Calculating Dustin Pedroia’s Win Value – 2008 | ||||

Batting Value |
Fielding Value | Positional Adjustment | Replacement Adjustment | Value Runs |

30.4 | 8.9 | 2.4 | ||

These three numbers, Batting, Field, and Positional Adjustment, create another metric: runs better than average player. For Dustin, 30.4 + 8.9 + 2.4 = 41.7 runs better than the average league player, which is really good. Chase Utley, the example used by Dave, was 58.6 runs better than the average player in 2008. To get true value however, that number needs to be compared to the run value of a replacement player, defined as an “AAAA” player; not quite good enough to start at MLB, but of higher skill than the average AAA player.

It is widely believed that a replacement player would cost a team -20 runs per 600 plate appearances, so for every 600 plate appearances a player has, he receives +20 runs as a replacement player adjustment. Basically, this is a reward to the player’s value since the team he plays for didn’t have to use a replacement player instead of him. Since Dustin Pedroia had 726 plate appearances, he receives a +24.2 replacement adjustment. JD Drew, who only had 456 plate appearances in 2008, received only a +15.2 replacement adjustment for comparison’s sake. Adding in the replacement player adjustment to the runs better than the average league player, we can now calculate Dustin Pedroia’s Value Runs (41.7 + 24.2 = 65.9).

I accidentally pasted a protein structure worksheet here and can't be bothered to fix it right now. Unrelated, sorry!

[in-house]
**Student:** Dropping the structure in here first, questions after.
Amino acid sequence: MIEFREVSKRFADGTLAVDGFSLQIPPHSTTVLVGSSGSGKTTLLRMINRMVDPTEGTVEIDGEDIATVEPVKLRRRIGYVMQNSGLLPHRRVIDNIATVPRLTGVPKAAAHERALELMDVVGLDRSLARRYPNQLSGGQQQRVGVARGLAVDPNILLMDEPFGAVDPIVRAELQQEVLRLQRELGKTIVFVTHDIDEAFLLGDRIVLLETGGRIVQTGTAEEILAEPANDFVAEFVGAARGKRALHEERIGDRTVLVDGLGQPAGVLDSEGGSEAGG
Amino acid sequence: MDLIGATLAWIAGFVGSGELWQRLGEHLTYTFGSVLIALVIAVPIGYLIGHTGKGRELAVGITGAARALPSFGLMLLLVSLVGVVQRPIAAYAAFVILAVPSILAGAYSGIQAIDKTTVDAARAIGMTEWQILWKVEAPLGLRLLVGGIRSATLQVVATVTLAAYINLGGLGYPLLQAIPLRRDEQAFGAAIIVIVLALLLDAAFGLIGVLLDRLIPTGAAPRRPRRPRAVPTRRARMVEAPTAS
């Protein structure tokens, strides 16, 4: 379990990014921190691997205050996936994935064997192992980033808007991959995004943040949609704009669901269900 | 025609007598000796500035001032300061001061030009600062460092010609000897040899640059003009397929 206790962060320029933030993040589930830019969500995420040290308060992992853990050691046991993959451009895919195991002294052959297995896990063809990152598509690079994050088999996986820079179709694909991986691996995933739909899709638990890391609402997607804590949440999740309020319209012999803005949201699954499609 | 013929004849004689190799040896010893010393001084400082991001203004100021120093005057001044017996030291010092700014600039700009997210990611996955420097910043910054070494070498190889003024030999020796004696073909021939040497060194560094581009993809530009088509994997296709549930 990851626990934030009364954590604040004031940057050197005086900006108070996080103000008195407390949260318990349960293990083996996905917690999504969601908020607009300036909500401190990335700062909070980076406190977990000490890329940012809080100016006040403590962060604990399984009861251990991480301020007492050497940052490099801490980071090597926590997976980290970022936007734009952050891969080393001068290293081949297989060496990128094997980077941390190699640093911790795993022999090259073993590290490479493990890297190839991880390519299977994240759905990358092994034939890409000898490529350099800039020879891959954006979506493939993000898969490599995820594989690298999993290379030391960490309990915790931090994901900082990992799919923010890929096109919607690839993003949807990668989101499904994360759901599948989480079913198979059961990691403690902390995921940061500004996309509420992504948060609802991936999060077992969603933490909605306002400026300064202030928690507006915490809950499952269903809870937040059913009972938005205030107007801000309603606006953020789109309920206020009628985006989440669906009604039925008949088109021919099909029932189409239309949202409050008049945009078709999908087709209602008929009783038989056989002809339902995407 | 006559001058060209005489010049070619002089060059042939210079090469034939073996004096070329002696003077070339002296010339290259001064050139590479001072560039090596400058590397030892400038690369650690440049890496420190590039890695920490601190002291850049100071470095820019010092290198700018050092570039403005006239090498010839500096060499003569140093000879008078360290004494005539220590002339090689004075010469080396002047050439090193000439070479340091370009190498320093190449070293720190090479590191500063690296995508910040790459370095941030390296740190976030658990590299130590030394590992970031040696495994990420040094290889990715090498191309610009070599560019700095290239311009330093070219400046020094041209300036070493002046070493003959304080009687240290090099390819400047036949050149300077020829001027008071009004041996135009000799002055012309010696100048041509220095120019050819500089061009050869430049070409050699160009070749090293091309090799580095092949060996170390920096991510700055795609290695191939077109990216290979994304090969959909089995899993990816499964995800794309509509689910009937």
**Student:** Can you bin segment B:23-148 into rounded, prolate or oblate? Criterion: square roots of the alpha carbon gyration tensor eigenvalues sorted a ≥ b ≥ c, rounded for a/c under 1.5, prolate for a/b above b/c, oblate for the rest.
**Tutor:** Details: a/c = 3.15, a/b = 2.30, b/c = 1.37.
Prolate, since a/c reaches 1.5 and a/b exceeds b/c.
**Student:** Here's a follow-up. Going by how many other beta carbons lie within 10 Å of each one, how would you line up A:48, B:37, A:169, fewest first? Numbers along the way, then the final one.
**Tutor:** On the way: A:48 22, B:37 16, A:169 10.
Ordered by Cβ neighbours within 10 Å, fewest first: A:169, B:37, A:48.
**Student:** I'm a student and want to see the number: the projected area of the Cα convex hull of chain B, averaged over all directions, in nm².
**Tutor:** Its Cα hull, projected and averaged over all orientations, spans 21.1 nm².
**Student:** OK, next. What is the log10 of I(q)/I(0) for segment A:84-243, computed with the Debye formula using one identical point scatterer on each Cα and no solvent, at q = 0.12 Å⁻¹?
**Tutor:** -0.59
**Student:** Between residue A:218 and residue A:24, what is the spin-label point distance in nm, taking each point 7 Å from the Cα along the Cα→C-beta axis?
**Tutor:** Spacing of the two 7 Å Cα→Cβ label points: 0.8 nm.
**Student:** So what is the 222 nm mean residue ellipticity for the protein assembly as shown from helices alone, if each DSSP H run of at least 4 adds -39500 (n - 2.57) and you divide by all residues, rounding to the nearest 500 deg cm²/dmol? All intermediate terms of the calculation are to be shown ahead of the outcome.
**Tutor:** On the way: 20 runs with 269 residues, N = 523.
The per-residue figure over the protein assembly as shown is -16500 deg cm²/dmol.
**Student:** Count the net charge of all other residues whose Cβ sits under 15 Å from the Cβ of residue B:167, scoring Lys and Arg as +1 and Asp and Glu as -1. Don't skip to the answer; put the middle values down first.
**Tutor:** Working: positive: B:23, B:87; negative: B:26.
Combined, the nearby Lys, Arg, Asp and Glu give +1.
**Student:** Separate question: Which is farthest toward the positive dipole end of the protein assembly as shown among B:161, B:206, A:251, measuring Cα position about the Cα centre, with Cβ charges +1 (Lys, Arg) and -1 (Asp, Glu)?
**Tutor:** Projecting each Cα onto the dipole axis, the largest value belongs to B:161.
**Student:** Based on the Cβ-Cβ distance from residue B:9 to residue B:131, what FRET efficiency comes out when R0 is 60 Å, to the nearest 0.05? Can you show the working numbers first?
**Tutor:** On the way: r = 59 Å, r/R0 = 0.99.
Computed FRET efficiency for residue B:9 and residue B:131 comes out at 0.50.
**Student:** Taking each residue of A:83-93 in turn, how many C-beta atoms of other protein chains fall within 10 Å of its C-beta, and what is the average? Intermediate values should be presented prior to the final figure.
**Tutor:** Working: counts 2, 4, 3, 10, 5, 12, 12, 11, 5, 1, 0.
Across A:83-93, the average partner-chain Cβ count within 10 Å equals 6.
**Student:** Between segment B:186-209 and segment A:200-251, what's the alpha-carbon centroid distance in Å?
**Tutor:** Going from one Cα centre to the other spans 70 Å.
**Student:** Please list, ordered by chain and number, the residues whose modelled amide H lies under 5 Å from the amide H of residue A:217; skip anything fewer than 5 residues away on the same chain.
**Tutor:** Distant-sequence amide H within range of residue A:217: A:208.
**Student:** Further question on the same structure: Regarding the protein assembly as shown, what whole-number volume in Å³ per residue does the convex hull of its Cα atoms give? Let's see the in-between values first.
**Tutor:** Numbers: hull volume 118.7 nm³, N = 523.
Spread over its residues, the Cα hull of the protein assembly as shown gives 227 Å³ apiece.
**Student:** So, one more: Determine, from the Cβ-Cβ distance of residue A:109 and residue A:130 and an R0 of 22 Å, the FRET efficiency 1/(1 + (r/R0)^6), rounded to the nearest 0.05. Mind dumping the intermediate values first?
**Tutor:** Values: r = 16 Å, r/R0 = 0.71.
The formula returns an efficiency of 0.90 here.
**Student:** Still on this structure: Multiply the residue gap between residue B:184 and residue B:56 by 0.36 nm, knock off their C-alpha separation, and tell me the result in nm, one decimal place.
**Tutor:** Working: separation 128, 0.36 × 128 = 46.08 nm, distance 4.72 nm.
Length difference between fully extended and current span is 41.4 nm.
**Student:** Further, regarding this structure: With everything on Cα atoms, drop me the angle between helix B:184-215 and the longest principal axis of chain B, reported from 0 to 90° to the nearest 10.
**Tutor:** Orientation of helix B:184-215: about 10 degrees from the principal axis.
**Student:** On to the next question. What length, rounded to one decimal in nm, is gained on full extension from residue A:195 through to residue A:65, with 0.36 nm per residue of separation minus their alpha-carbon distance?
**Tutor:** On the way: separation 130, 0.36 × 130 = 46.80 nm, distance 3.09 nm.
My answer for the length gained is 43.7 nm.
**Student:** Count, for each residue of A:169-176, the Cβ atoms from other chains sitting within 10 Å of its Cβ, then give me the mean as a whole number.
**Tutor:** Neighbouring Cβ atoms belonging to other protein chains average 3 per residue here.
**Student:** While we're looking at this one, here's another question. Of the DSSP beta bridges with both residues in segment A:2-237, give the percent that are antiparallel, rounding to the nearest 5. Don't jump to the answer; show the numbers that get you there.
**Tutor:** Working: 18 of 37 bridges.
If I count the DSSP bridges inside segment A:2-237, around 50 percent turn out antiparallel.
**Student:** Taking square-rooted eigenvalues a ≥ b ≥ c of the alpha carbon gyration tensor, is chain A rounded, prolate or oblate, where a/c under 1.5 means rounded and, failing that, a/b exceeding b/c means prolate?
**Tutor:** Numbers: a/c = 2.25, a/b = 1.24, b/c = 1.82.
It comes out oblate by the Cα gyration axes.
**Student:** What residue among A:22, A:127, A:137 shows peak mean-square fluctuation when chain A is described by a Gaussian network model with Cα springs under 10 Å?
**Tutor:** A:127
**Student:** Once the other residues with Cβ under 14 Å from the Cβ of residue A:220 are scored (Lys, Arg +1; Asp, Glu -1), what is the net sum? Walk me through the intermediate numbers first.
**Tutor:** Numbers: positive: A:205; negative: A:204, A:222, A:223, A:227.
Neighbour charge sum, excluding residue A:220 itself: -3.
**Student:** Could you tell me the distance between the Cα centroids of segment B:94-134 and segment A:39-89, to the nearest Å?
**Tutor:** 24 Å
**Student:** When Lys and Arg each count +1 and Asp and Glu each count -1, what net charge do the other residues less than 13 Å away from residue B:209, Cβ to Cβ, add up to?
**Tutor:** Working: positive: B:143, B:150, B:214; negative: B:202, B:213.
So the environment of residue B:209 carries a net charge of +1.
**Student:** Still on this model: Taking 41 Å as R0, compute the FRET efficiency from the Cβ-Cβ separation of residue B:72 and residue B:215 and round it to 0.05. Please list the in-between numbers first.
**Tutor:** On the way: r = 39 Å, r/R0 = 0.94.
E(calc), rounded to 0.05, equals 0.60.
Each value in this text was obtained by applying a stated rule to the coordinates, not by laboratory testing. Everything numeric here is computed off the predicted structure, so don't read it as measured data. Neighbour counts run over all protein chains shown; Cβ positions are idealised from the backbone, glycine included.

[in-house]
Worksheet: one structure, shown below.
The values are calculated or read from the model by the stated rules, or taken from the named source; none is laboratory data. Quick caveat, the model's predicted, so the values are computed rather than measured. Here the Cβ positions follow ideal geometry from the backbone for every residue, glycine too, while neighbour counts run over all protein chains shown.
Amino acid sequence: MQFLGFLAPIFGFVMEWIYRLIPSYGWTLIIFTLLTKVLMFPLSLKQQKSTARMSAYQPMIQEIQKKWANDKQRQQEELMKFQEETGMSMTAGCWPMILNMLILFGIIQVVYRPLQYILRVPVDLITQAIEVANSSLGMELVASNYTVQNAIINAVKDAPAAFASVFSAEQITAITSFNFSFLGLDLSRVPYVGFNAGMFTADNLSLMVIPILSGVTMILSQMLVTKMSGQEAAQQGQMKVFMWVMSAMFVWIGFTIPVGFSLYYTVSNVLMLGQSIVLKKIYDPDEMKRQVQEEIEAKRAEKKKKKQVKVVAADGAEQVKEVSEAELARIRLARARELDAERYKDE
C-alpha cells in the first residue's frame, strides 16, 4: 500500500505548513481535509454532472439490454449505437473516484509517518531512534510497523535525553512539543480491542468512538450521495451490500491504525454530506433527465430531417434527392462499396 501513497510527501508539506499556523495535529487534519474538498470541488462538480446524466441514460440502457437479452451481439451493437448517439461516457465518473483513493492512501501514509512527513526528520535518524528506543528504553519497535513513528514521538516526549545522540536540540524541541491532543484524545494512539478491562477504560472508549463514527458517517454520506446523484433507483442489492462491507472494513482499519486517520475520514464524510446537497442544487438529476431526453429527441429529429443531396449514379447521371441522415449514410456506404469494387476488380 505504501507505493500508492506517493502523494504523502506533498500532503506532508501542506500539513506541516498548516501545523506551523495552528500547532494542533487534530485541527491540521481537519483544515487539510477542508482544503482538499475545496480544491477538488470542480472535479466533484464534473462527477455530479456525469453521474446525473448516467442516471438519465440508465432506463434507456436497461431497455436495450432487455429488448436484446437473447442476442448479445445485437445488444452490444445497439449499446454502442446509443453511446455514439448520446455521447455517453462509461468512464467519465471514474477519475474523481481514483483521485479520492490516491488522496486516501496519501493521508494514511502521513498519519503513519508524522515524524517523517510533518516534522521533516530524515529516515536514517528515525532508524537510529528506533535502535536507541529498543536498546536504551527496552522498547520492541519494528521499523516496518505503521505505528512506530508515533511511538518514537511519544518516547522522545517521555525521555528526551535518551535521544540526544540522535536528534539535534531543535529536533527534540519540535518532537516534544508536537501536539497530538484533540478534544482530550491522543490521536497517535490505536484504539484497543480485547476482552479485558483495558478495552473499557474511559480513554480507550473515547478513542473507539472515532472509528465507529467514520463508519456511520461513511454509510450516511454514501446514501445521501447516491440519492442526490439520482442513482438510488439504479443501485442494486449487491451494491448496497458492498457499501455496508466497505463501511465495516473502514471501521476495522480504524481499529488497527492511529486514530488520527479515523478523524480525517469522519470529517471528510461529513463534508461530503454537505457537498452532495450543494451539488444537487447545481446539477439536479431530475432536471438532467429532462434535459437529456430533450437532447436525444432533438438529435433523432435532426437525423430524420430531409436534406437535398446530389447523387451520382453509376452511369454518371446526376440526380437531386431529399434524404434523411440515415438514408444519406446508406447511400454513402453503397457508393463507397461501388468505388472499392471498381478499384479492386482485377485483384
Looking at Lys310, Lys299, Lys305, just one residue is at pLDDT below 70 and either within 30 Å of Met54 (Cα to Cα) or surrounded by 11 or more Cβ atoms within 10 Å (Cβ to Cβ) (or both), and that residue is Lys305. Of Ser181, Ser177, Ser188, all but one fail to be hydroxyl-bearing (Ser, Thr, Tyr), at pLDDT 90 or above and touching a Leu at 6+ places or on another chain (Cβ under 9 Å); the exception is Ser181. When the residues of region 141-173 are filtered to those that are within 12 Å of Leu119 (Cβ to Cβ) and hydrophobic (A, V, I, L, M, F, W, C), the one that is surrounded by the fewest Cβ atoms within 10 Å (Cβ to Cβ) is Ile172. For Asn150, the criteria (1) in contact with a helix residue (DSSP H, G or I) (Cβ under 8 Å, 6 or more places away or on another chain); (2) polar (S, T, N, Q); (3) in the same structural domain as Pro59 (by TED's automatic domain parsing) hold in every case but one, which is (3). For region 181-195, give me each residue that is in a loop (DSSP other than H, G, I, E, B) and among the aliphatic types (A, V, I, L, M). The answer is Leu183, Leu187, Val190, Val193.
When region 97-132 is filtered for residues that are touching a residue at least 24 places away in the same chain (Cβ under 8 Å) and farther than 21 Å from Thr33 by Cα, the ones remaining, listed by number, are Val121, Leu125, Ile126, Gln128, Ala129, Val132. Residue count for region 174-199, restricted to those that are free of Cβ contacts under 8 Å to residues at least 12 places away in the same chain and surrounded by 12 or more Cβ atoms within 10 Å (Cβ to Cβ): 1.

Calculating Dustin Pedroia’s Win Value – 2008 | ||||

Batting Value |
Fielding Value | Positional Adjustment | Replacement Adjustment | Value Runs |

30.4 | 8.9 | 2.4 | 24.2 | 65.9 |

The next step in Win Values is to determine the value of runs in terms of wins, or to put it a different way, how many runs must a player score to be worth 1 win for his team. Dave uses the Pythagorean Winning Percentage logic to calculate that 10 runs = 1 win for the purposes of Win Values. The Pythagorean Winning Percentage is used by ESPN and MLB on their standings page on the “Expected Win/Loss Record.” It basically takes the Runs Scores divided by the Runs Allowed, and applies that percentage over the amount of games played. Again, for more detail on how the 10 runs = 1 win logic was manipulated from this theory, check out the FanGraphs links at the bottom of this article. Using this calculation, we can see that Dustin Pedroia was worth 6.6 wins for the Red Sox last season; newly acquired Yankees first baseman Mark Teixeira was worth 6.8 for the Braves and Angels in 2008.